A message will be sent to that email address for confirmation. No problem.
So now you've got a new account with Gary's name, but no Facebook Friends, and hance no content. Well, logged into that new account, you can visit the original Gary's wall, click on each of Gary's Friends, and send them a Friend Request.
It's easy to do - though I'm not clear on what's the point. Let me know what I'm missing here, since it seems to be happening to a lot of people. (One thing - if you accept one of these 'Friend' requests, the person sending it will be able to see any 'Friends Only' posts or profile information that may otherwise be blocked to them. See below for more about this).
Here's how you can prevent it being done to you.
(These instructions are specific to using Facebook in a web browser on a desktop or laptop computer - the details will be somewhat different if you're accessing FB using a phone or tablet app. As well, FB changes its interface from time to time, so even on a computer, things may look different for you).
When you're logged into Facebook click on the little arrow in the top-right corner. A menu will pop up - choose Settings & Privacy then Privacy Center and then scroll down (on the right) to Control Who Can See What You Share.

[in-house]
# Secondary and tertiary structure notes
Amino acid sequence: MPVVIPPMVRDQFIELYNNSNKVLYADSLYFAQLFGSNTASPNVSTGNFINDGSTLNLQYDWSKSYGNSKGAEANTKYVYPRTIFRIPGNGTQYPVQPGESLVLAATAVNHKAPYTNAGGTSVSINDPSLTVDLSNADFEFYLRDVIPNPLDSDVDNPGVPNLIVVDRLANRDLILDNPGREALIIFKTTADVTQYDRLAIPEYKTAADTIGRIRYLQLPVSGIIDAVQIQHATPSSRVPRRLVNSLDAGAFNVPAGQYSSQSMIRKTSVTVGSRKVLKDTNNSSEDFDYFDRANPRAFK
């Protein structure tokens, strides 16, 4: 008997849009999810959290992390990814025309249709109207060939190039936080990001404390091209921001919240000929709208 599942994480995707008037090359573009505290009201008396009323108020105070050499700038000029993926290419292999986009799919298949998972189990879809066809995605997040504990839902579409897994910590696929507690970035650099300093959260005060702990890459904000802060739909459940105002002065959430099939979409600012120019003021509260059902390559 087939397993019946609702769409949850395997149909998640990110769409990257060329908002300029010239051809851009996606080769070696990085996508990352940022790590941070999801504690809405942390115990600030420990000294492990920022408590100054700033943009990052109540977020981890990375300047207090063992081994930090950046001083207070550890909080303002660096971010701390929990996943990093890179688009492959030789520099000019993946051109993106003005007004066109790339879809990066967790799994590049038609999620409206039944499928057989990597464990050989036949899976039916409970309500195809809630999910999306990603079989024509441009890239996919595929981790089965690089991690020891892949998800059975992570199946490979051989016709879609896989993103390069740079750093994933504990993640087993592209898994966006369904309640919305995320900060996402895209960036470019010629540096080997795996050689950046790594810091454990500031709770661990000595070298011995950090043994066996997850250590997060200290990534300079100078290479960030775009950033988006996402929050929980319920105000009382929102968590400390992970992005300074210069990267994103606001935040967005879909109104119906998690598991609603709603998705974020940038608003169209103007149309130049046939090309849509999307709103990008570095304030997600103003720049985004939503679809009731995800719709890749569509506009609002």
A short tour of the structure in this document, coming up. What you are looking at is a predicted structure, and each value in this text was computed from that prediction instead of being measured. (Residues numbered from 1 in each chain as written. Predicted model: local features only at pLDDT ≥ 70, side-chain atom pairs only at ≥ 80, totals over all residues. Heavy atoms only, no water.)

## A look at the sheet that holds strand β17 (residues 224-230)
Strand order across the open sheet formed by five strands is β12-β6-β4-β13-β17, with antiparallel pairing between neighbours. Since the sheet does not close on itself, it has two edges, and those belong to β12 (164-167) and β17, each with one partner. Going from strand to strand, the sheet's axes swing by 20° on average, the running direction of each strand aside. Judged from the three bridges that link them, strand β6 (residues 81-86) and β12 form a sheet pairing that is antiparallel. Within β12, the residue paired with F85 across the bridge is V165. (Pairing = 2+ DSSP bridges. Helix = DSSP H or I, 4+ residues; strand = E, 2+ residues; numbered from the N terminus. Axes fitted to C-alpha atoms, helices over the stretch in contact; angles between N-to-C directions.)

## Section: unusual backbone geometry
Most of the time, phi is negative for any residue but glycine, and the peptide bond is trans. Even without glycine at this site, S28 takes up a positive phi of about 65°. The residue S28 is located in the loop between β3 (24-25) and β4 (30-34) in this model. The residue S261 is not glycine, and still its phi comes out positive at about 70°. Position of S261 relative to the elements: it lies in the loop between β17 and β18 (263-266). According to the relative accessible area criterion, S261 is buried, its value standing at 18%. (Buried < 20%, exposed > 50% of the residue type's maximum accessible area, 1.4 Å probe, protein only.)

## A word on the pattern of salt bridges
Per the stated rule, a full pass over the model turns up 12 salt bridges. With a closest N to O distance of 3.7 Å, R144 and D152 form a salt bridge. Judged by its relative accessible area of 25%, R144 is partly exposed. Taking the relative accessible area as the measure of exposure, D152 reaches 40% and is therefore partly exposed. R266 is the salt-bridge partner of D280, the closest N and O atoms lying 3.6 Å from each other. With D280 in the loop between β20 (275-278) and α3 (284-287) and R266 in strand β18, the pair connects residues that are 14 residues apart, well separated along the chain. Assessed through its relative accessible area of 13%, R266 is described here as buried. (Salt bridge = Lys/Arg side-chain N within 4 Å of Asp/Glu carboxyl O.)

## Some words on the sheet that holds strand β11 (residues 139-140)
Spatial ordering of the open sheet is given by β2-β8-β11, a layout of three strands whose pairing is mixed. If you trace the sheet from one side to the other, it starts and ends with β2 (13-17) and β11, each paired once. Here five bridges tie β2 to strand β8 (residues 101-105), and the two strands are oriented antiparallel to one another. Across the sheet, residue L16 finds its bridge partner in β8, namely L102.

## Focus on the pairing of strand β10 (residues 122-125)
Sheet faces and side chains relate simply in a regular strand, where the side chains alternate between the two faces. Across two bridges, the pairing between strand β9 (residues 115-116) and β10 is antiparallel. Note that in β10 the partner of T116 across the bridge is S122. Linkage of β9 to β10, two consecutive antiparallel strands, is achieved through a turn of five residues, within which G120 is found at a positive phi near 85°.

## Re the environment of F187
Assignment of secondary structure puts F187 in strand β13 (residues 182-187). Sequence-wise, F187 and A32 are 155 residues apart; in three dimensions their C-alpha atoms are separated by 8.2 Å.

Click Read More and then Review Your Sharing Settings.
You'll get to choose settings for Facebook, Instagram, and Messenger. If you use all these services, you may want to check them all - but for now, let's just pick Facebook.
A new tab opens up in your browser, and again, you'll need to click on Who Can See What You Share. (Repetitive, isn't it? Luckily, it doesn't take you back in a circle). A box opens up, explaining what's to come - click Continue.
You'll be shown Profile Information that you've given Facebook - items like phone number, email address(es), birthday and year. Hometown, relationship status, current city, employer, and more. For each, you can choose who can see it - choices include Public, Friends, Only Me and sometimes more.
Think about who you want to see these pieces of information. Public implies that piece of information is available to anyone - and can even show up in (for example) a Google search. Do you want strangers to have access to your birthday? Maybe not. But maybe you want your FB Friends to be able to shower you with birthday wishes at the appropriate time.
Also important - near the bottom of the Profile Information lists, you're asked who can see your Friends list. If that's set to Public, anyone can see your FB Friends list and contact the folks on that list. If it's set to 'Friends Only', anyone on your Friends list can contact any other friend.
I would understand someone wanting to set everything to 'Only Me' - but while that would be the most secure, it also limits the usefulness of taking part in a 'social network'. Make the decisions that make the most sense to you.